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Failure Can Be a Success
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Tragibots. Okay, so I have no background in electronics, but i have access to all sorts of weird electronics because my father is a mad scientist. Batteries, motors, wires,soldering irons, weird computer-chip-looking thingies. Then my house is a broken-electronics haven. We’ve got lots of radios, broken computers, fans, washing machines.

I unscrew them and gut them for their parts. Then I solder everything together and hope hope hope it moves. Sometimes they twitch or move (5 seconds maximum), but more often, I end up electrocuting myself.

When they’re dead, they go to the "robot graveyard." (a fish tank.) But sometimes, I'll use more elaborate disposal methods like "temporary burial in soapy dish water."

Running through your head now: "You freako, what's the point in building non-functioning robots?" Well, each robot failure is a success BECAUSE it's meant to be failure. And so if you fail, then it's a success right? You've succeeded at failing. Yay.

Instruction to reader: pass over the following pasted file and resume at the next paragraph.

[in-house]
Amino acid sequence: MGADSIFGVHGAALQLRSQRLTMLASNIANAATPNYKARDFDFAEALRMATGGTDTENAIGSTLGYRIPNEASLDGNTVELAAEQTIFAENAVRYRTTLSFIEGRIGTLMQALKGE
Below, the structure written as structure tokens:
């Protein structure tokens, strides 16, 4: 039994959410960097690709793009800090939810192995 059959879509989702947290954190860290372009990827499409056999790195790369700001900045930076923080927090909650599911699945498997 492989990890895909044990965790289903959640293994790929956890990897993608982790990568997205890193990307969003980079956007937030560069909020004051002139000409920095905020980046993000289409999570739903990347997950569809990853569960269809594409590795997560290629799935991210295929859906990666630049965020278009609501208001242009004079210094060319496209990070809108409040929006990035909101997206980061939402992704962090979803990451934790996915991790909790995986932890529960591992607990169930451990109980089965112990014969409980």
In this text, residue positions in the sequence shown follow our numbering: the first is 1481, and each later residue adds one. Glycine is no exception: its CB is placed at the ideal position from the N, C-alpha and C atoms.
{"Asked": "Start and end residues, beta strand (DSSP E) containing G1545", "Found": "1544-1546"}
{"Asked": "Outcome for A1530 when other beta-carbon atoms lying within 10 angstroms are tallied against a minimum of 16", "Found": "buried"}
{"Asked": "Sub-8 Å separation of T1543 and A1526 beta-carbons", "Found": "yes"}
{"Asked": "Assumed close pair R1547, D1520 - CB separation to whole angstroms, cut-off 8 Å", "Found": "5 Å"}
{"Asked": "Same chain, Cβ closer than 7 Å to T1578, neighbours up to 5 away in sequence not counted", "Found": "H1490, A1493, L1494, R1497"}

Added bonus: I film each Tragibot's death as well as the robot funeral. This video will be given to the future owner of the Tragibot for their own viewing pleasure.

screwdriverqueen, Dec 17 2002


       One of those robots exploded, I think.
krelnik, Dec 17 2002

       Looks like a bunch of the annos got thrown in the fish tank. =/
Pharaoh Mobius, Dec 17 2002

       Are these itty bitty tragibots or great big gimungus ones? I'm all for the cute itty bitty ones. Any lifelike twitching is also a bonus, especially if you can get it on tape.
XSarenkaX, Dec 17 2002

       no no, i'll be fine.   

       i'm just waiting for my 37453th wind. :)